If you are one of those unfortunate souls with the one rod, you can add a second rod with a trip to the hardware store using a dowel and two brackets. For about $10, you’ve got a second rod. There are also rod extenders, which attach to the top rod, that do that as well. They are not as sturdy as the hardware method, but they require no skills and are easily removable. You also could raise or lower any rod that isn’t working for you.
The right hangers
Some people love the white tubular hangers. Some people swear by the felted skinny hangers. Some people love only wood hangers. It’s a personal preference — and they all have downfalls. Wood hangers take up more space. Felted hangers take up less space but are harder to hang clothes on. The tubular hangers can be slippery; make sure they have notches at the top for shirt collars. Wire hangers are never the right solution. Take your clothes out of the dry-cleaner bags — the plastic is not good for clothes — and off of the wire hangers.
Whatever hanger type you choose, embrace it and get rid of the rest of your hangers for a uniform look. Have an area of unused hangers rather than having unused hangers mixed in with hangers with clothes.
Organize the hanging section
Group clothing by type and by length. Use your long-hanging section for pants, suits and dresses; your shorter section for shirts and jackets. Kondo recommends arranging items so they rise to the right with the longest items on the left, the shortest on the right.
You can get garment organizers that slide onto the rod to label an area by category of clothing: dresses, casual shirts, jackets, etc. You and anyone else who touches your closet will remember where each type of item goes.
If your closet has room, either add a drawer system or add a dresser or bookshelf to the space. You don’t want drawers to be too deep, says Marrero. “The goal of any organizing project is visibility,” she says. “You can’t see anything on the bottom of a deep drawer. That promotes rooting behavior.” Before you know it, everything will be everywhere.
Often you can find drawers or shelves that will work below a rod. Don’t forget to measure the height of the rod to the floor and the width and depth of the space before you go shopping.
Add organization to shelves
Shelves are tricky because it’s easy for piles to tumble into one another. You can add clear boxes or bins for organization. You also can add drawer dividers to not just drawers but also to shelves to keep things contained into areas.
Hooks are great for multiple uses including necklaces, scarves, hats and ties. If you have the space, add a peg board with hooks to one wall. You also can add hooks that screw in or removable plastic hooks. Read the directions on the package carefully to make sure the hooks stay put.
Add hooks to the back of your door for items that you use frequently, such as a robe, pajamas or workout clothes.
These are best in drawers or bins if you have them. Use shelf dividers to separate athletic socks versus dress socks or bras from underwear, pajama bottoms from pajama tops. Extend the use of these items by folding everything — including socks — instead of rolling or balling them up.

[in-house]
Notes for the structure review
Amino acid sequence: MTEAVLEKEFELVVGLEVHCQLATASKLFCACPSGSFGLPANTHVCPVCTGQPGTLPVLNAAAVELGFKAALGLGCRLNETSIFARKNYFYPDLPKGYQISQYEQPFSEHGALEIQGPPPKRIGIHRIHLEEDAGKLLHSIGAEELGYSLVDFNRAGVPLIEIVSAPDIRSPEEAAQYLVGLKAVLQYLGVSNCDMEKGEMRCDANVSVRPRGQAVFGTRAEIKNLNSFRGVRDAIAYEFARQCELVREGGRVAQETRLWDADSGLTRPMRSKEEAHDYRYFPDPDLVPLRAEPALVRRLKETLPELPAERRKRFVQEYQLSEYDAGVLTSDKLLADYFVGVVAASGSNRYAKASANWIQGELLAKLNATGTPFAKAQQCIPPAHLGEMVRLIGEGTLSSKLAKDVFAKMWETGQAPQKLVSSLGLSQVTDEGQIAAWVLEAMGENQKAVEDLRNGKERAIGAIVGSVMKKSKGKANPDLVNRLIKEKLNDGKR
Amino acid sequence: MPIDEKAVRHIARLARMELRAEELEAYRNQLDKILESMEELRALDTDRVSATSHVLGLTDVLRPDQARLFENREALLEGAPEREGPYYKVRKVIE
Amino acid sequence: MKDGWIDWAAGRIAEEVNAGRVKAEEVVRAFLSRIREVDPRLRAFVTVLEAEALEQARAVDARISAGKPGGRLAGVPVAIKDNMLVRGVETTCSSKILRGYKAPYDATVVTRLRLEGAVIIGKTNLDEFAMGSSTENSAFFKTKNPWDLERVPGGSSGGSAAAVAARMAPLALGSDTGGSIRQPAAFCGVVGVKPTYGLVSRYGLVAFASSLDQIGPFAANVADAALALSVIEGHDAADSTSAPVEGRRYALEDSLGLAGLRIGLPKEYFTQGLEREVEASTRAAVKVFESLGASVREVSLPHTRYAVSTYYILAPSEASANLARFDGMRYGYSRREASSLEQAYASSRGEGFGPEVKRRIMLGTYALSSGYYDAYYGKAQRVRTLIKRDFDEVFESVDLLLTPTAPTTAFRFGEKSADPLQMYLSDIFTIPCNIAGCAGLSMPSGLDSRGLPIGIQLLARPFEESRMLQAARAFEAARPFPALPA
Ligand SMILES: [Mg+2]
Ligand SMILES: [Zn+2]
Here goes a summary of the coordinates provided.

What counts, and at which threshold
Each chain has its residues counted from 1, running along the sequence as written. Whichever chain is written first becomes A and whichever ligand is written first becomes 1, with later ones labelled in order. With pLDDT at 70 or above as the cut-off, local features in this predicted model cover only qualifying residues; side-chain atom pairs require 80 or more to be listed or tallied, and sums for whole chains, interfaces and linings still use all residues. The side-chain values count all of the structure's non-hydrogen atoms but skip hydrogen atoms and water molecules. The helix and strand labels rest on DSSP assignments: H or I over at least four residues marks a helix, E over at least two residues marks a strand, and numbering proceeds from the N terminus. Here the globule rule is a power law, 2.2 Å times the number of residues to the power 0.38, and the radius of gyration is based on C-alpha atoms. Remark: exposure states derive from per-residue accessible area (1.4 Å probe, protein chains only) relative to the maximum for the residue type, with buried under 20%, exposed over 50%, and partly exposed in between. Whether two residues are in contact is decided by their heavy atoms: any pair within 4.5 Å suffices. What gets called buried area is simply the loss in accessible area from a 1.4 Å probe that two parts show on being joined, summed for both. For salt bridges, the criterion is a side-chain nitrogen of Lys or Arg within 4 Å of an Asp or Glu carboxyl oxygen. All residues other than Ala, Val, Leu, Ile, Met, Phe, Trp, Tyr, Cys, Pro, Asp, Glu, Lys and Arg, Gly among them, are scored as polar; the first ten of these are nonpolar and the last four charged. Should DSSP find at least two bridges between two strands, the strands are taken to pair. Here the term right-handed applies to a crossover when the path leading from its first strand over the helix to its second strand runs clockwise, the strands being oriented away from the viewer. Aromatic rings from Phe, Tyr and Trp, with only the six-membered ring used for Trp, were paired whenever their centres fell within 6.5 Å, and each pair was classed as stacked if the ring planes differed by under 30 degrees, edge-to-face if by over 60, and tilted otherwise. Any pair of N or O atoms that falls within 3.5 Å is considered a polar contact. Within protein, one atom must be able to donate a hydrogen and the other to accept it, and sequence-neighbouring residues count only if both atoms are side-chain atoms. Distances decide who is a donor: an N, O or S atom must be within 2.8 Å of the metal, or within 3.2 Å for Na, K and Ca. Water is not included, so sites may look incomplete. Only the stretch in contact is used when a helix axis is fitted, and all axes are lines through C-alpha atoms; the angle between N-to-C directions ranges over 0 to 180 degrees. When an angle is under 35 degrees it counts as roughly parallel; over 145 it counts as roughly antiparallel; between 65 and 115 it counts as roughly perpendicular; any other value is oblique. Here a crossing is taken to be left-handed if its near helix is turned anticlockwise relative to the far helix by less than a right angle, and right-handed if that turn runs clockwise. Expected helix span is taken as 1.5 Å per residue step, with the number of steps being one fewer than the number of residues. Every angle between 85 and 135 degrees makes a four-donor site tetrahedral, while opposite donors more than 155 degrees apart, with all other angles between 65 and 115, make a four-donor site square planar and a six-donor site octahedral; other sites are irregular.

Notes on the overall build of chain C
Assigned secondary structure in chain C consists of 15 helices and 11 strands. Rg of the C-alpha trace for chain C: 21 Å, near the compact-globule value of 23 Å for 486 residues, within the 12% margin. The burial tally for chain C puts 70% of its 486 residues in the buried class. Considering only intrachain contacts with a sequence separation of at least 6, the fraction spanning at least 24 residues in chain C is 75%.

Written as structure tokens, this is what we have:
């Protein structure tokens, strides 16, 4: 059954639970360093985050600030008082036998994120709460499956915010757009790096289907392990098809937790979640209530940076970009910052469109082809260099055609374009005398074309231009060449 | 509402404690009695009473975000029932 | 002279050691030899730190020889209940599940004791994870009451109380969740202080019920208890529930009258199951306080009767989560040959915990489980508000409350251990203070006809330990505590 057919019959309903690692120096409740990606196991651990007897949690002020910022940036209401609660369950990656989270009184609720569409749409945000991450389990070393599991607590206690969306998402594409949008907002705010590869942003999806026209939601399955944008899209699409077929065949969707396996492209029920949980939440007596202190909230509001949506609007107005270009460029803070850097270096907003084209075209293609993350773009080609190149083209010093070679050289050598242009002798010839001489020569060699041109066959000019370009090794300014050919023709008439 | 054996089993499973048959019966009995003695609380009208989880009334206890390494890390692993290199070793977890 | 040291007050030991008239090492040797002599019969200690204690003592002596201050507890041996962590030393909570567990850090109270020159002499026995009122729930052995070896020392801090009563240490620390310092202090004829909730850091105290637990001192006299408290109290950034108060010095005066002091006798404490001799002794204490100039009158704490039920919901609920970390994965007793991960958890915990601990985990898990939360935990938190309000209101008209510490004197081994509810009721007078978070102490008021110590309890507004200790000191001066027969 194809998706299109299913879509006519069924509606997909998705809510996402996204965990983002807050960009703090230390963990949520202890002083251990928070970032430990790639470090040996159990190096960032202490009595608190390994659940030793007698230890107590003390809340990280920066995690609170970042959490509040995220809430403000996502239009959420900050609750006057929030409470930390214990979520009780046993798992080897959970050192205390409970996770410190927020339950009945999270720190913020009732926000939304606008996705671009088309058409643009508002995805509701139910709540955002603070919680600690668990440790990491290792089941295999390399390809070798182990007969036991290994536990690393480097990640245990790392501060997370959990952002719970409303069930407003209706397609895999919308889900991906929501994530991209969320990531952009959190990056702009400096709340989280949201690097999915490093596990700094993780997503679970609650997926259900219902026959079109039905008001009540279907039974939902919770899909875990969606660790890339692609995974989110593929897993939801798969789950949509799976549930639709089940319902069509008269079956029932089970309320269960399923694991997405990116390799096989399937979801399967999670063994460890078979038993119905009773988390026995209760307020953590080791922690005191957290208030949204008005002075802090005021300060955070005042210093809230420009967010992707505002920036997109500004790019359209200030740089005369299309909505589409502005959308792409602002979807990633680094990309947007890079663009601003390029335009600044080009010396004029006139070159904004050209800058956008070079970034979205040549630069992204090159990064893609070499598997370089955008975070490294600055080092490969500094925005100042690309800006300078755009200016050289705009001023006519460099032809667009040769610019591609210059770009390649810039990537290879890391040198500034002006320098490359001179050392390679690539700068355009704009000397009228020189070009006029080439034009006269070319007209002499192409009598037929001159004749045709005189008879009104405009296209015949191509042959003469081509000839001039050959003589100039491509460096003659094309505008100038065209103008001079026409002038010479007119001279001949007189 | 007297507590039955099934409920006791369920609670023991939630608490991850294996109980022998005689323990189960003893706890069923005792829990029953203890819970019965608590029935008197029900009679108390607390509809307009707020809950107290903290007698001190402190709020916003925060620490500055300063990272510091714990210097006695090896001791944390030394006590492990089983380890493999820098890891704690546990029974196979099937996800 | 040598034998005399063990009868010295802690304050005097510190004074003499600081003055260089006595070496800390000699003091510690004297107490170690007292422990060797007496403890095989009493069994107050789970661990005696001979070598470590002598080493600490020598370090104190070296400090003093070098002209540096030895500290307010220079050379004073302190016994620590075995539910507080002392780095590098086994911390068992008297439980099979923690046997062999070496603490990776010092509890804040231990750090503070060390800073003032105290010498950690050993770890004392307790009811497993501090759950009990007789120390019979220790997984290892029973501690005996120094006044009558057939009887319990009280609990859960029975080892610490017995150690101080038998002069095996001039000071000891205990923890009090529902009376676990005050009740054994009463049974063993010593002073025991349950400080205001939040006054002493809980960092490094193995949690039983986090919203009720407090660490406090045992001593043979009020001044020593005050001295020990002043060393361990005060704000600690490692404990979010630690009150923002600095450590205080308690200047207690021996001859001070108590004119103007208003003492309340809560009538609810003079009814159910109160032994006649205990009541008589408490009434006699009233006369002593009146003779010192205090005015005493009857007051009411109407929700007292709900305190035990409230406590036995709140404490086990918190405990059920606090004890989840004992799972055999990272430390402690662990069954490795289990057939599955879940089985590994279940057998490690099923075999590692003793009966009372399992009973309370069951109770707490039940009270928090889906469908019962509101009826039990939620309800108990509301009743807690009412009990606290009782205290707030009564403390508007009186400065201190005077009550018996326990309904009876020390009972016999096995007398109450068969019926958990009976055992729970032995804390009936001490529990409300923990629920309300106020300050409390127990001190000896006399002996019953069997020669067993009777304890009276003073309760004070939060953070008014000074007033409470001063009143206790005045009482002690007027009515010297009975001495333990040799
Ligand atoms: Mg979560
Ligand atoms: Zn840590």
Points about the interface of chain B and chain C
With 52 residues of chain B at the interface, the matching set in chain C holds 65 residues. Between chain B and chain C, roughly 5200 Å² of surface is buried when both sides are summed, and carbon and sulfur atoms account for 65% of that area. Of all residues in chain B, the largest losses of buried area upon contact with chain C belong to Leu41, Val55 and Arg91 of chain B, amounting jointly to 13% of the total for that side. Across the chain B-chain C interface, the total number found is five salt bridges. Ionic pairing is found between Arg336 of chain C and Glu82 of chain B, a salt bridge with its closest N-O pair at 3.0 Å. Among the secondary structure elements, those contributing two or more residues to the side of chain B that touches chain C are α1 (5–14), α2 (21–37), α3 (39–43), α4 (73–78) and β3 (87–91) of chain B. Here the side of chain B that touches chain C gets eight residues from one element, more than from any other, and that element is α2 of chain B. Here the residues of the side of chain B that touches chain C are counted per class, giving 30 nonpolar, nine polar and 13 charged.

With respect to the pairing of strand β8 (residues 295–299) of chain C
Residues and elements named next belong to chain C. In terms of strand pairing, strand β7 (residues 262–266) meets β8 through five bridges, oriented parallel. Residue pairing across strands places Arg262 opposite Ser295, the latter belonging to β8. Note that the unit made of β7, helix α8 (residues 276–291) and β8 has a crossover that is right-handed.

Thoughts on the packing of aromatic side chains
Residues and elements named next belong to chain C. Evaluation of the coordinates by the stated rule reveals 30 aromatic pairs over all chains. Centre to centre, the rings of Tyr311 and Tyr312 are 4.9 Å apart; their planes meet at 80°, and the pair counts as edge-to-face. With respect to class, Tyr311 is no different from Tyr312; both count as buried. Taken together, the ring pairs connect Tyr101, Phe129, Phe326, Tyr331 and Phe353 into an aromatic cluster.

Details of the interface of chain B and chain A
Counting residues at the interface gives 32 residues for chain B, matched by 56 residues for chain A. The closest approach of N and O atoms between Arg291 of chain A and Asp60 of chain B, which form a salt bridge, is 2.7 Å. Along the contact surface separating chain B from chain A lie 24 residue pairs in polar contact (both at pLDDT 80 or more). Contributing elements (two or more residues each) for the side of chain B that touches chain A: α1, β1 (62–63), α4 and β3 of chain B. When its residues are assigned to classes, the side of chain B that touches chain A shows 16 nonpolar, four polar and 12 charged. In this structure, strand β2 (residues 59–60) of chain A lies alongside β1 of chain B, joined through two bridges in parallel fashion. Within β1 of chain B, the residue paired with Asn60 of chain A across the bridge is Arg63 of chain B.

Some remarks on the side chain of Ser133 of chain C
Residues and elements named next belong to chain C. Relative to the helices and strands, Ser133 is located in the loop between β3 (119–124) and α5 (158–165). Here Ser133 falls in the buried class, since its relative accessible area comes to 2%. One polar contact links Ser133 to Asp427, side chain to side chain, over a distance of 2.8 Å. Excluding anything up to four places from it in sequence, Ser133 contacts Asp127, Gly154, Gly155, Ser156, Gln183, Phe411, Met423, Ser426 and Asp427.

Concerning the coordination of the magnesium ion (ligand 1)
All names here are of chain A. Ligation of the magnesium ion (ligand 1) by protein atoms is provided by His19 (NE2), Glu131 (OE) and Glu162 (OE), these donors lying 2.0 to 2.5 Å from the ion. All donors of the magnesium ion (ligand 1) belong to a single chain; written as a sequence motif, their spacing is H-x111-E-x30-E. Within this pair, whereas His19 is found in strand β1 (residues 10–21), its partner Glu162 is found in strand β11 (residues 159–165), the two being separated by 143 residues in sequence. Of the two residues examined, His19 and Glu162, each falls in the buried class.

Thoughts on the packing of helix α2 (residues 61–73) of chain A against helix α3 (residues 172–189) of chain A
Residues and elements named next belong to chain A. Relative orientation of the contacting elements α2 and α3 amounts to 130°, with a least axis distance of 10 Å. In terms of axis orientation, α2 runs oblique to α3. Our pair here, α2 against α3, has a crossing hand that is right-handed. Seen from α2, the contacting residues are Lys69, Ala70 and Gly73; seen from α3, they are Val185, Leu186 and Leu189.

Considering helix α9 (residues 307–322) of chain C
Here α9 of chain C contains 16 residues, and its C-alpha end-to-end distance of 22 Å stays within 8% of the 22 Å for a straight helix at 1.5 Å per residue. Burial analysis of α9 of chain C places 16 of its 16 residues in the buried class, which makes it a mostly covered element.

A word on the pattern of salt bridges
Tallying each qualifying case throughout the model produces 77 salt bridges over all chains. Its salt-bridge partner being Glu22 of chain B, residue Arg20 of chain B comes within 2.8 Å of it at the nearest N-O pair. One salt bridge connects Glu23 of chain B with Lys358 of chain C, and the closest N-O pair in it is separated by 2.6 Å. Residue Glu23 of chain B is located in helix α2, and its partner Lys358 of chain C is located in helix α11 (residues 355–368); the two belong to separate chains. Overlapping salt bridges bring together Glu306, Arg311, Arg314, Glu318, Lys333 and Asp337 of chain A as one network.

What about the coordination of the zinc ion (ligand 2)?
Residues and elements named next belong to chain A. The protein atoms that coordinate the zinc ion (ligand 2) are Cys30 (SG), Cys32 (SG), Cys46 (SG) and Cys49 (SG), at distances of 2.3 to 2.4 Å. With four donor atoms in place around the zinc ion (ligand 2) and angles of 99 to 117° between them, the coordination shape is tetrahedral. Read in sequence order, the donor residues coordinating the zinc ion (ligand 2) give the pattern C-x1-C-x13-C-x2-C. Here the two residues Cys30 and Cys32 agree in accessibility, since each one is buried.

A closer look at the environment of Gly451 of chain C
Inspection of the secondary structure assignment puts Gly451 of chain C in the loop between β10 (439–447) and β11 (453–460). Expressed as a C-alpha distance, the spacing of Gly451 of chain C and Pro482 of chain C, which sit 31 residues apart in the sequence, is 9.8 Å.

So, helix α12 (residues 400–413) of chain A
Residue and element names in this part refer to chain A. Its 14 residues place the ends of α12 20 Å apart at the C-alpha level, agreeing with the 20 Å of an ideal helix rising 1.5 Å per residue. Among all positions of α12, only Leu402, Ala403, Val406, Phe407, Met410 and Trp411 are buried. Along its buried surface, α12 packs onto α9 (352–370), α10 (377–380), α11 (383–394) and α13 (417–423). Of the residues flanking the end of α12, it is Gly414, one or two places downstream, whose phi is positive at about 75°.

Shoe storage is the biggest concern for women, Hogue says. “Are you a kicker or a placer? Do you kick your shoes off or do you place them?”
If you are a kicker, you could get clear shoe boxes, but you’ll never use them. Instead, you want shoe racks, shoe cubbies or even back-of-the-door shoe pockets — something with which you don’t have to open or remove a top. “We’re not here to change the kickers into placers.”
The kickers can use clear shoe boxes or regular shoe boxes with a picture of the shoe taped to the outside for those special shoes, but the rest of their shoes should be accessible and in a place that can they easily can put shoes without haven’t to think hard about where they go.
If you think you’re going to be one to line your shoes up on the floor, think again, says Rosner. “Those shoes will just wind up in a heap on the floor.”
You could line them up on a shelf, though. Use dividers to add structure.
Don’t forget to ask the essential question: Should your shoes even be in your closet? If you’re a family that takes off your shoes when you first walk in the door, perhaps a shoe rack by the door is a better solution.
The placers can use clear shoe boxes or even a whole revolving storage system of shoes.
You can use hooks on the wall or a hanger with shower rings for necklaces and bracelets and egg cartons or ice cube trays in drawers for earrings. You also can use behind-the-door shoe pockets or a hanging jewelry organizer. Or try a more fancy wooden jewelry armoire sitting on a shelf. Pick something that is easy to use consistently.
There are hanging accessory organizers for handbags, scarves and ties. You can also use a hanger with shower rings, hooks or line up the handbags on a shelf with shelf dividers in between.
“Any system is going to break down if you don’t maintain it,” says Barry J. Izsak, owner of Arranging it All and a past president of the National Association of Professional Organizers.
This means hanging up or folding clothes and putting them away right from the dryer.
It also means not loading up the closet again. Have a plan to avoid that. Keep a bag inside the closet where donated clothes go; if you see something that isn’t working anymore, you can decide to donate it right away.
Some people use a “one new item in, one old item out” method. Another way to see what you are actually using is when you redo a closet, hang all the hangers backwards the first time. After it’s worn and cleaned, you’ll hang its hanger the right way. After a year, you can see what items were never worn because their hangers are still backwards. Then you know it’s time to donate them.